Today the government does not force the Church to establish a specific donation amount, but rather the limiting factor in returning to "unregulated giving" is the persistent "un-Churched-ness" of our people. Here’s a real-life example of such an issue. A certain priest decided to offer his parish candles, not for a "fee," but rather for a voluntary contribution. He laid out the candles and placed a donation box next to them. The next day, the candles were gone because the rumor spread through the village that they were handing out free candles in church, and everyone rushed to stock up for the future. This is the sort of spiritual level of the majority of "believers." So the Church is always ready to return to a normal relationship regarding donations, but our un-Churched society still is not.
About the wealth of priests, we can say the following: the priest lives as his flock lives. If a priest serves in the capital and bankers attend his parish, this is one level of donations, and, correspondingly, of earnings of the priest. But a rural parish is a completely different story. And now answer a question: do most people in our country today live affluently, or poorly? That’s exactly how the priests live. Something that’s not observed around churches is people who desire to work in them on a permanent basis, and this is fully explainable by the extremely modest wages. A priest in this sense is no exception.
--And how does the Church spend its money?
- I can answer this question as the rector of one of the city’s churches. More than half of our expenses are the wages of our parish employees (along with all the accompanying taxes). Yes, the Church pays taxes to the state, feeds it. A third of its expenses are for various purchases: those very "candles," as well as icons and literature, which are subsequently offered for distribution during collection of donations. A significant portion of the church budget goes to utility bills, and further, comparable to this "piece" is the cost of maintenance of the charitable refectory, and besides that, Sunday School. Add to this the necessary repairs, upkeep of communication networks, office and other expenses, and you will see that church money escapes like water into sand. Furthermore there is charity, and payments for general church needs. Try to find in the church budget a gap the size of the price of a Mercedes! That would be something from the realm of science fiction. In any case, this is in the context of my parish--a central city parish.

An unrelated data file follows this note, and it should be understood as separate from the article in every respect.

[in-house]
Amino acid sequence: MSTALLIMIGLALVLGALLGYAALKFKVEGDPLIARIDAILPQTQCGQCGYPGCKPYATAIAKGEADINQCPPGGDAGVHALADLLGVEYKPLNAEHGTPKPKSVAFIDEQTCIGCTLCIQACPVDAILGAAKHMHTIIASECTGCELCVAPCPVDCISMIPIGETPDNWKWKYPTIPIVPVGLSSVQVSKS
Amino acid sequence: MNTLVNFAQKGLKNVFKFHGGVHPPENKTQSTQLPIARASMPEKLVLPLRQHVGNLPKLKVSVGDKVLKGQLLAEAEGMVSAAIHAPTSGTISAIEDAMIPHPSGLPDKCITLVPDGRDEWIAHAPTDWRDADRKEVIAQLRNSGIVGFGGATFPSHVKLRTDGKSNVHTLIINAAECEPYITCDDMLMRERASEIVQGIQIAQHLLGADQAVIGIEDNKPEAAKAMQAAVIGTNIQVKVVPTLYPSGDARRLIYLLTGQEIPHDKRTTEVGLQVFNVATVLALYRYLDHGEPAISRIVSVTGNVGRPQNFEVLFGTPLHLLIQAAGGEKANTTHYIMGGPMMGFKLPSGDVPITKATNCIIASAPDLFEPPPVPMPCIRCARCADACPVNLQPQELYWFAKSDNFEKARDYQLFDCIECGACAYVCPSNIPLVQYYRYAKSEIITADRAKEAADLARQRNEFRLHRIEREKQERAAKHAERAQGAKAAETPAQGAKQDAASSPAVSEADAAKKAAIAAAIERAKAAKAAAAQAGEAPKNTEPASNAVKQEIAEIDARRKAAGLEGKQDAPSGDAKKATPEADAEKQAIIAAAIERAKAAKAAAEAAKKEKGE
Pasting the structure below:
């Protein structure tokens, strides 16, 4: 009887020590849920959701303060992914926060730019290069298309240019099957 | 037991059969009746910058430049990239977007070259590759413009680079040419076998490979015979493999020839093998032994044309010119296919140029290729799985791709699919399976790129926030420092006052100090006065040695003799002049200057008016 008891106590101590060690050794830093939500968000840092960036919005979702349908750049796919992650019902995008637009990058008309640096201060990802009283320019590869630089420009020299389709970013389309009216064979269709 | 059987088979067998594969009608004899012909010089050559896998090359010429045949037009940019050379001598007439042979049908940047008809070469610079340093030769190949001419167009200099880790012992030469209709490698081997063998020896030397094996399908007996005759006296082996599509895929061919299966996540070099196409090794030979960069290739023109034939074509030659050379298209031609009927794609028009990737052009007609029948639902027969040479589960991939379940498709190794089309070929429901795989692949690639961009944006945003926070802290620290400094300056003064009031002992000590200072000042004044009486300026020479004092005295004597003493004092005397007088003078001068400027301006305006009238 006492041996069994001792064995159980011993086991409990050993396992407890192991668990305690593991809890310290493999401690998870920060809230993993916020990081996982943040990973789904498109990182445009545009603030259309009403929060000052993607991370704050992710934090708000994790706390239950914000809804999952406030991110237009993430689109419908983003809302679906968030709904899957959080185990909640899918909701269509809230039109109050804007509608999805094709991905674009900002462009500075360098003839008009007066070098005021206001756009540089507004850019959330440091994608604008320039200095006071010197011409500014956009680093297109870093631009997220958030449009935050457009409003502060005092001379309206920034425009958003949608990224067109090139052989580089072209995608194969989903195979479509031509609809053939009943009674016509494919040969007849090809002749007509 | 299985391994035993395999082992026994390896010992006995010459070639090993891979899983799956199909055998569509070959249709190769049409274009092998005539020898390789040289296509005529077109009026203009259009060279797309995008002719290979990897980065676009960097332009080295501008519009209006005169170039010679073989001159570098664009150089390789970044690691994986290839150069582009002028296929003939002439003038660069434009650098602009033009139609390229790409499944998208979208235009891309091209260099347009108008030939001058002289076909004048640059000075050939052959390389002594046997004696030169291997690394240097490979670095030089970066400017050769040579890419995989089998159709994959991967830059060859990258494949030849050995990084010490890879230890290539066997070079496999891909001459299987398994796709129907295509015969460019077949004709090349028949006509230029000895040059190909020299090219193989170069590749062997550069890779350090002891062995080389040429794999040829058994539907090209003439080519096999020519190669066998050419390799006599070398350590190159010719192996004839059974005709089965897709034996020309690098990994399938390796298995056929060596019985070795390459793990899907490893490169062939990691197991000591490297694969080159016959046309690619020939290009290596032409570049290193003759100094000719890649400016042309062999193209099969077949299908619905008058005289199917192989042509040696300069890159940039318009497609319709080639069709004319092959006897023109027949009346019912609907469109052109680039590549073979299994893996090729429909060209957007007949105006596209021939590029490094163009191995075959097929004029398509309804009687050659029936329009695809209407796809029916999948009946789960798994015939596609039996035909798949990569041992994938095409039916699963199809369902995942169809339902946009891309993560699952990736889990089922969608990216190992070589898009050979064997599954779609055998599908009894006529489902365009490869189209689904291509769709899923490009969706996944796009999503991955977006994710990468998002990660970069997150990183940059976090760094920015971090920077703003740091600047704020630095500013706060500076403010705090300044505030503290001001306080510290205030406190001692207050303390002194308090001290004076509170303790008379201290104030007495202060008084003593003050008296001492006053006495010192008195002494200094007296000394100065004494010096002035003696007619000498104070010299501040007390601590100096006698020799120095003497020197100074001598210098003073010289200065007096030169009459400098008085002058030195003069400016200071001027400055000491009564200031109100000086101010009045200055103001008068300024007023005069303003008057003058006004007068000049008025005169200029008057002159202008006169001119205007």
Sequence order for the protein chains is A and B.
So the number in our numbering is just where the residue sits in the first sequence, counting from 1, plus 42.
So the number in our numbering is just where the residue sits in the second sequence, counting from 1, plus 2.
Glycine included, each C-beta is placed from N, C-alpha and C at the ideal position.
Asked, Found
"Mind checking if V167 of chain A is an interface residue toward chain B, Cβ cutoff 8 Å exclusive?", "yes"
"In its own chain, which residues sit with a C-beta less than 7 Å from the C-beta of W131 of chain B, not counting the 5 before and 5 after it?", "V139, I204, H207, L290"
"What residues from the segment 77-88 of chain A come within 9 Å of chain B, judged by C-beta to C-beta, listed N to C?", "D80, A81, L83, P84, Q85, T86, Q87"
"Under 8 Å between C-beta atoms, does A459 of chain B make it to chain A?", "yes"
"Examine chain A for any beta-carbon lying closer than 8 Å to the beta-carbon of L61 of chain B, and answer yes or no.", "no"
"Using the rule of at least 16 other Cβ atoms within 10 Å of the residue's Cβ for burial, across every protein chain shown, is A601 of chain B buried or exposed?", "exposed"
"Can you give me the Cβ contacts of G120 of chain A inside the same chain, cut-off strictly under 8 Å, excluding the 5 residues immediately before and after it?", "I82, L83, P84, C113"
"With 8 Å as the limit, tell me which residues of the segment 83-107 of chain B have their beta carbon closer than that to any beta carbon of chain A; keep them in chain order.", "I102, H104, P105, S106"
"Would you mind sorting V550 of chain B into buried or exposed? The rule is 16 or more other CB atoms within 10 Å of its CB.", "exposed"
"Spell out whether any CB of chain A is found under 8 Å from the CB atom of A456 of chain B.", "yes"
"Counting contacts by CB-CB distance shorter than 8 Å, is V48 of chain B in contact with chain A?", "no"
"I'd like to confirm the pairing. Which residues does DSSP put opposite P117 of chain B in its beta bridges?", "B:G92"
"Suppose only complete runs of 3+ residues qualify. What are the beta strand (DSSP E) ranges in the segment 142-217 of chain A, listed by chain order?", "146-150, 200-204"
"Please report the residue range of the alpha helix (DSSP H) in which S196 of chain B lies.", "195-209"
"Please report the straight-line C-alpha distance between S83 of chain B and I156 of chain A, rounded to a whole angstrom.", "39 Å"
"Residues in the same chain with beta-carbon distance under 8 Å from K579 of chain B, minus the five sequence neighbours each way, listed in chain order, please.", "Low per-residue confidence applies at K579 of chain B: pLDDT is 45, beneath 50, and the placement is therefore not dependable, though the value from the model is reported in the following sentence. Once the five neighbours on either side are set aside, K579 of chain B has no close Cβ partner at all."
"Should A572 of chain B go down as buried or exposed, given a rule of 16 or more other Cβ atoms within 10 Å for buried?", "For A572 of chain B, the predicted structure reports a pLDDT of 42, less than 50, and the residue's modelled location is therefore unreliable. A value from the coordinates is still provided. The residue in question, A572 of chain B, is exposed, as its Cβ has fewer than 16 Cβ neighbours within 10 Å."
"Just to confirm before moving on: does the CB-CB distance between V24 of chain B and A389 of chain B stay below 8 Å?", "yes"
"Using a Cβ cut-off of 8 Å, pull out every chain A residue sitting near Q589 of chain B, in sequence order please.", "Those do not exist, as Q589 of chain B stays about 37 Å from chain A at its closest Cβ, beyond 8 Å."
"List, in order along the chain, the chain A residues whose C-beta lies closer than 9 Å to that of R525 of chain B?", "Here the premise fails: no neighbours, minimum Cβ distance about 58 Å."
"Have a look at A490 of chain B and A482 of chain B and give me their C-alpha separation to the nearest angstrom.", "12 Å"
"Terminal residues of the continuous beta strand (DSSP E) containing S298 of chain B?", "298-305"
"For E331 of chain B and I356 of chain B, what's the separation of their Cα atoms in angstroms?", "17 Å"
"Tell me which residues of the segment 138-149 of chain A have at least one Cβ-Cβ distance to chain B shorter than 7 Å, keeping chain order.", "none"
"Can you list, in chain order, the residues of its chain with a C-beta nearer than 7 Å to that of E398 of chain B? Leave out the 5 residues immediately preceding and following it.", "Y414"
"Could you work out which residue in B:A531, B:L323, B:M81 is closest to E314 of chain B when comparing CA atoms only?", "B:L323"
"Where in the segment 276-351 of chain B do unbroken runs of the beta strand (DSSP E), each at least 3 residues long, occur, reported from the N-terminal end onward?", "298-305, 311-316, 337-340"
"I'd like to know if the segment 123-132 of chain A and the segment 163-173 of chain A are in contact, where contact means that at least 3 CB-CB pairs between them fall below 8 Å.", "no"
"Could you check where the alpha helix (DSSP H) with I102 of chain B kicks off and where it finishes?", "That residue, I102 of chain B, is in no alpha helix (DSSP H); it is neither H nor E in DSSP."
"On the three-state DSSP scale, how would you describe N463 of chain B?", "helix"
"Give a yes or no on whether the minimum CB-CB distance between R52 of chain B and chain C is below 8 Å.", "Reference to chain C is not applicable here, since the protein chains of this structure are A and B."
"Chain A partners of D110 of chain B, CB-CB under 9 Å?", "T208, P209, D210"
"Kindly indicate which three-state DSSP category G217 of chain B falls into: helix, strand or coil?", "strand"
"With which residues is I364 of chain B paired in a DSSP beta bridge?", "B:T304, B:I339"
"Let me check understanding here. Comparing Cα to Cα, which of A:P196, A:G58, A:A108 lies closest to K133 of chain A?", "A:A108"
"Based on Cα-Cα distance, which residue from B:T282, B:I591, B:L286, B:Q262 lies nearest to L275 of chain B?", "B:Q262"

The wealth of the Church is a myth. At one time, I heard that to devastate the Russian Orthodox Church it would be sufficient to undertake a single action: transfer to her balance sheet the maintenance of the Cathedral of Christ the Savior in Moscow. (The entire cathedral complex is the property of the city of Moscow; the city government manages and generates revenue through the operation of certain commercial components of the complex.) The cost of its maintenance alone is comparable to the size of the entire Church budget! And now, tell me: Is it great; is it huge, this budget?
The Church is poor, and so poor, that more than 90 percent of the buildings that once belonged to her are in ruins, which the Church is currently unable to receive back and restore. The Church is only just recovering from the terrible years of atheism, which literally bled Her white, and She is just now trying to stand up. Most of the priests and church people are self-sacrificing, selfless people. Others are unlikely to take root in Church soil. Yes, there may be a priest who turns out to be unworthy of his rank; but then Judas was among the Apostles, and yet we do not assess the moral level of the Apostles by him! Here also I suggest that one judge the priesthood not according to articles in the tabloid press, but in a realistic way, and, glory to God, by the plentiful examples of simple Russian batushkas, in whom are united geniality, non-acquisitiveness, self-sacrifice, often fearlessness, and much more, which allows the people to speak about the priesthood as about a special people, and to make particularly high moral demands of batushkas.
Material prepared by Peter Davidov.